Towards the end of the month, the momentum of a New Year starts to wane, ideas for creative photographs are harder to come by and the motivation to pick up your camera is fleeting. In short, the winter slump hits in full force. While it is completely fine to take a break from photography, if you find doing so to be rejuvenative, shooting through the slump can be a viable option. Here are some ideas for focusing your photography on a new approach- one of the best ways to find inspiration.
1- Really dive into studying and using one type of light.
Instead of accepting whatever type of light you find your subject in, and using it to create your imagery, purposefully set out to find and use one type of lighting situation that you’d typically avoid. It could be that you tend to forego bright, evenly lit scenes, dim scenes or creating silhouettes. Whatever the lighting situation is that you choose to focus on, research its definition, then google for additional tips related to its use. Be looking for an opportunity to use your project light both when you are behind the camera and when you are not. Become a student of the light.
2- Create a study on emotion
It sometimes seems that photographers can be focused on capturing only one emotional tone in their imagery. While this approach can be quite successful in creating a cohesive portfolio, it is also somewhat limiting of the photographers continued growth. If you find yourself pulled towards a singular emotion in the majority of your imagery, commit to an assignment of purposefully capturing its opposite. How will you need to change your light use, compositional choices, posing direction, etc. in order to effectively convey a different emotion? You could choose to focus on happy, sad, angry, pensive, fearful, inquisitive, confident, etc.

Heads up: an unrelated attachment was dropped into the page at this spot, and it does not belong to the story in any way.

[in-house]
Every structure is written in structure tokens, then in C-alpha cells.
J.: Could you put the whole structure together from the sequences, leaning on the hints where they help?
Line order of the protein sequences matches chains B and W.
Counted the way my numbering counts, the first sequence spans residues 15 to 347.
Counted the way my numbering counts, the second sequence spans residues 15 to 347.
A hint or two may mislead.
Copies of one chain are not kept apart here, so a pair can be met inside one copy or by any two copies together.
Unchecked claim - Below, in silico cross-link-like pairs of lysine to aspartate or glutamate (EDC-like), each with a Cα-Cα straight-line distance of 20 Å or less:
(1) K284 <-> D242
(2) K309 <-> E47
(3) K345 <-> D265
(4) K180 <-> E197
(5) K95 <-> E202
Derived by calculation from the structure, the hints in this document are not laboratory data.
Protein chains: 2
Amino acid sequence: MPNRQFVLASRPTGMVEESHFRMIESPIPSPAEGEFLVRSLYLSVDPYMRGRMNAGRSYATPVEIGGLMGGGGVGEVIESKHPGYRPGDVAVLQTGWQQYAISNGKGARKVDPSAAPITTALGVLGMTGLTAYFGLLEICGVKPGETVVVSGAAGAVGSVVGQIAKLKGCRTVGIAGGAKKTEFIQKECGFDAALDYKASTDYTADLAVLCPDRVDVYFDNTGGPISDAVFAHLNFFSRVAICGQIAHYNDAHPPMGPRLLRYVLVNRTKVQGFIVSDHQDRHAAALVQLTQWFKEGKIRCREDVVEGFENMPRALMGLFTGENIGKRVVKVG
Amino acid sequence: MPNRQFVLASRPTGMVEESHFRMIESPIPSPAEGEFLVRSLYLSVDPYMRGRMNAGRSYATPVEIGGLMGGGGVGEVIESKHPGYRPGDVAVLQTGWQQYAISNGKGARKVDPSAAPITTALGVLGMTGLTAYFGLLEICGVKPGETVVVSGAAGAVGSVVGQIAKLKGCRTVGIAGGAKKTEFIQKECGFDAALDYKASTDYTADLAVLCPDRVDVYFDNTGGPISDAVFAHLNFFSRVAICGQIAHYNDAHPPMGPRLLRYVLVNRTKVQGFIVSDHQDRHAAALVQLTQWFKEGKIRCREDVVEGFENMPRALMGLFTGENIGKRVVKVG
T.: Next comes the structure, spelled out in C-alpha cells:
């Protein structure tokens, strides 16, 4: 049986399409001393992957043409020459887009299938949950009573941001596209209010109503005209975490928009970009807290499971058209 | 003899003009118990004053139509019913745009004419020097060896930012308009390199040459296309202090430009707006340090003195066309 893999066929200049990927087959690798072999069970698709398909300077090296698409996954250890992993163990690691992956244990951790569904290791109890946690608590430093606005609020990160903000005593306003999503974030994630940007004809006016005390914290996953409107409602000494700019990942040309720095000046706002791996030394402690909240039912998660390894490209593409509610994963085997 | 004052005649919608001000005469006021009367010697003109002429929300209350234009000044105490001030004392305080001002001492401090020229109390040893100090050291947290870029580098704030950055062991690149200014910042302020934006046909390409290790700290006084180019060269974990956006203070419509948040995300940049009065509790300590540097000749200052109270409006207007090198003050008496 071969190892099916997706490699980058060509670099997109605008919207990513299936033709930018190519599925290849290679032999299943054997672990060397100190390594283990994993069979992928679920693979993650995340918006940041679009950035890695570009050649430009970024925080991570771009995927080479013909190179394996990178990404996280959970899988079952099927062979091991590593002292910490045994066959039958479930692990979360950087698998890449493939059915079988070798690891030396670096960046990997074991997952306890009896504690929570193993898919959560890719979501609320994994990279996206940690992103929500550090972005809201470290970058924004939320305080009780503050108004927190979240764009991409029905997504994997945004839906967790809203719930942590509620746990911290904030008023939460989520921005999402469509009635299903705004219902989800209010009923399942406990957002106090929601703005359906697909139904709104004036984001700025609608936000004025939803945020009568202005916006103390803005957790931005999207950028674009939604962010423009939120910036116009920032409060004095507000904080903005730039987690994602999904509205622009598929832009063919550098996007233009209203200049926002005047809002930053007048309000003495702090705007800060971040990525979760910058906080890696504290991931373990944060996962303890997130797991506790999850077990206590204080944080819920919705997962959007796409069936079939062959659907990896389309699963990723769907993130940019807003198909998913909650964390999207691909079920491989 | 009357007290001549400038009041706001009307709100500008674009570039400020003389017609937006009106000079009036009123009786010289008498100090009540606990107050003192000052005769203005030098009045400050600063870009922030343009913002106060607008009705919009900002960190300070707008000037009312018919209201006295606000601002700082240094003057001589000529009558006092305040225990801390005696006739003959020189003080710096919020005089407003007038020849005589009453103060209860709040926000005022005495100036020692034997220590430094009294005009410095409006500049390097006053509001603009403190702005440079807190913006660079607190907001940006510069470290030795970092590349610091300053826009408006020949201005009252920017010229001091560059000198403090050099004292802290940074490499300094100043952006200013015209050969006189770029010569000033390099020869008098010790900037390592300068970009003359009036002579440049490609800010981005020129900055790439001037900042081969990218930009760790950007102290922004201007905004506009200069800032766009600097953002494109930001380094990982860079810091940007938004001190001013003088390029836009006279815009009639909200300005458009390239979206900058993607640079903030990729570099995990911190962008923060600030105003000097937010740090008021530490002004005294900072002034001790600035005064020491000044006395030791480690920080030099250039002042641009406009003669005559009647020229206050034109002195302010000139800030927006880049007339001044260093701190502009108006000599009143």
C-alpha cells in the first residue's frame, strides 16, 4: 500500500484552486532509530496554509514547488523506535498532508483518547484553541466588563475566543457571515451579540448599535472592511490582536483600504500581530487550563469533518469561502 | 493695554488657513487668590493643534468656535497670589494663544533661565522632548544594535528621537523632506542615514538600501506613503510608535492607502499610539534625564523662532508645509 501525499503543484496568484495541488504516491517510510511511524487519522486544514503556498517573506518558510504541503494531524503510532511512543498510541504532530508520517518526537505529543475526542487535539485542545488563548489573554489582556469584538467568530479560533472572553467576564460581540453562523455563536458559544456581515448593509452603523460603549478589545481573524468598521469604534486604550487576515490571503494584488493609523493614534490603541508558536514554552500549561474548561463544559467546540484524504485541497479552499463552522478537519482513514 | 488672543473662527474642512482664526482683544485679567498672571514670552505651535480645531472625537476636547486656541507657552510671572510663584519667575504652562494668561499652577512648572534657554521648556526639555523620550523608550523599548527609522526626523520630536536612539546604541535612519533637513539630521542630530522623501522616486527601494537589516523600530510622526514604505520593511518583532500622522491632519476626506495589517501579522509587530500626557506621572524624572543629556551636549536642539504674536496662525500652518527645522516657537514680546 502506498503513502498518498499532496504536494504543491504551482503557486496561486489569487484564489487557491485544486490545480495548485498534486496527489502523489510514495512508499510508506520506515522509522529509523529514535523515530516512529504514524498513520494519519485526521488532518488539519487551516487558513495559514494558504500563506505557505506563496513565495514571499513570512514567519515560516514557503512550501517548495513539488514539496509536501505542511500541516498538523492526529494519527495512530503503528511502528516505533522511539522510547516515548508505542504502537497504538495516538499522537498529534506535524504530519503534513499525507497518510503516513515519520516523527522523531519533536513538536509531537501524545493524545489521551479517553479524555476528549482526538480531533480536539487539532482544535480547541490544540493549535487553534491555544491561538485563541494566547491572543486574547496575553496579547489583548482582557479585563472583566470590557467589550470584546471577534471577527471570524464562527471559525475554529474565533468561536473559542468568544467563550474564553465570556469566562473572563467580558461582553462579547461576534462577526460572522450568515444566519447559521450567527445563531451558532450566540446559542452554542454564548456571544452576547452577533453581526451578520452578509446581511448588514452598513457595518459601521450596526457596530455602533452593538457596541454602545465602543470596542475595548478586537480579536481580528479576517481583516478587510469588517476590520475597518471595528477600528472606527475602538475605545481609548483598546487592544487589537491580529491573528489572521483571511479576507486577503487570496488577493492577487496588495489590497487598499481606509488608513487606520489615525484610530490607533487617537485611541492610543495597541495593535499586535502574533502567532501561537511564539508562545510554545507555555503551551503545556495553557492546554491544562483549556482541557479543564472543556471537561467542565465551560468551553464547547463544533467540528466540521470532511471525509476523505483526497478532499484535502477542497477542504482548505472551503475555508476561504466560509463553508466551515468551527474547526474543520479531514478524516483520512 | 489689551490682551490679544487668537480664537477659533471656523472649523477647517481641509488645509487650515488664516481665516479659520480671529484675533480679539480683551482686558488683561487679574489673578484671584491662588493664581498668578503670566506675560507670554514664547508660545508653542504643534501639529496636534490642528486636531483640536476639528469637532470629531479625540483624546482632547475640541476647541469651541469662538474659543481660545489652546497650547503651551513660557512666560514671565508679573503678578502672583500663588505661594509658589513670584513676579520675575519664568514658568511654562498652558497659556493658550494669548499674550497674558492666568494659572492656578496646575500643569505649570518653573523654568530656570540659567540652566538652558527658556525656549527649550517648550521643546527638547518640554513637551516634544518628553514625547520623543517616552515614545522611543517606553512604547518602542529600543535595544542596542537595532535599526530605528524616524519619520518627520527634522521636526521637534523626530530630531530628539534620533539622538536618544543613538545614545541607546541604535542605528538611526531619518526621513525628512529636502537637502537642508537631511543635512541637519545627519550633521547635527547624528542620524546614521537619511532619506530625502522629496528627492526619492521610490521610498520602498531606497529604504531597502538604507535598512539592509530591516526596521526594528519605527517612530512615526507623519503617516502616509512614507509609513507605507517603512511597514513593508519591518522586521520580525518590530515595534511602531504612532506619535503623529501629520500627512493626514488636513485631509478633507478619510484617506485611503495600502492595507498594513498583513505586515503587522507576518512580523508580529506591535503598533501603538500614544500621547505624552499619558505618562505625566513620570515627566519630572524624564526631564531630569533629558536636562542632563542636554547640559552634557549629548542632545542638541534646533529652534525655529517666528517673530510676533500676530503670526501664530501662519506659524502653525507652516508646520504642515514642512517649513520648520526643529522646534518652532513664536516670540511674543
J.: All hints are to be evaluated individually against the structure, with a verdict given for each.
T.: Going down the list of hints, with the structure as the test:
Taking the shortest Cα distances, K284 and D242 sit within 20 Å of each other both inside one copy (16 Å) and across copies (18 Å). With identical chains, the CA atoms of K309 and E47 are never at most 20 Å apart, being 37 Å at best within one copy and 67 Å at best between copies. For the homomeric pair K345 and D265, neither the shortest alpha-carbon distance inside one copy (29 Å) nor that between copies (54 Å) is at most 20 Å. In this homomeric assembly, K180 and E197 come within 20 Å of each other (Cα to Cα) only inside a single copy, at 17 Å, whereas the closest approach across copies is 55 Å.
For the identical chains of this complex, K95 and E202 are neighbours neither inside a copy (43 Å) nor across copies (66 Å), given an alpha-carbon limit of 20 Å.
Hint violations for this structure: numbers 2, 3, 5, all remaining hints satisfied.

3- 1 lens, 1 week
Do you have a favorite lens? I do! It’s my 24-70, because it is so versatile and I can capture almost anything I want in the focal range between 24 and 70mm. However, I’m really comfortable with that lens. That isn’t necessarily a bad thing, but comfort does not inspire growth. If there is a lens that is collecting dust in your bag, pull it out, put it on your camera, and don’t take it off for a week. How can you work within the contraints of its focal length and aperture in order to create imagery that communicates your vision? Maybe it is long lens and you prefer to shoot inside. You will either need shoot detail shots, crop creatively or experiment with photographing outdoors. Maybe your lens is manual focus only. Give it a whirl!
4- Ap on the extreme
Do you normally shoot with a rather wide open aperture? Close down to f/10 or smaller. How will that change your approach? What factors will you need to take control of in order to be in charge of every part of your frame, when you can’t hide things in bokeh? Do you normally shoot closed down? Trying opening up to a wider ap. How does doing so effect the mood of your imagery? What changes do you need to make to subject positioning in order to effectively guide viewer experience with focus?
Are you in a winter slump? Let me know in the comment section, below, and tell me which method of inspiration you plan to try!Pin It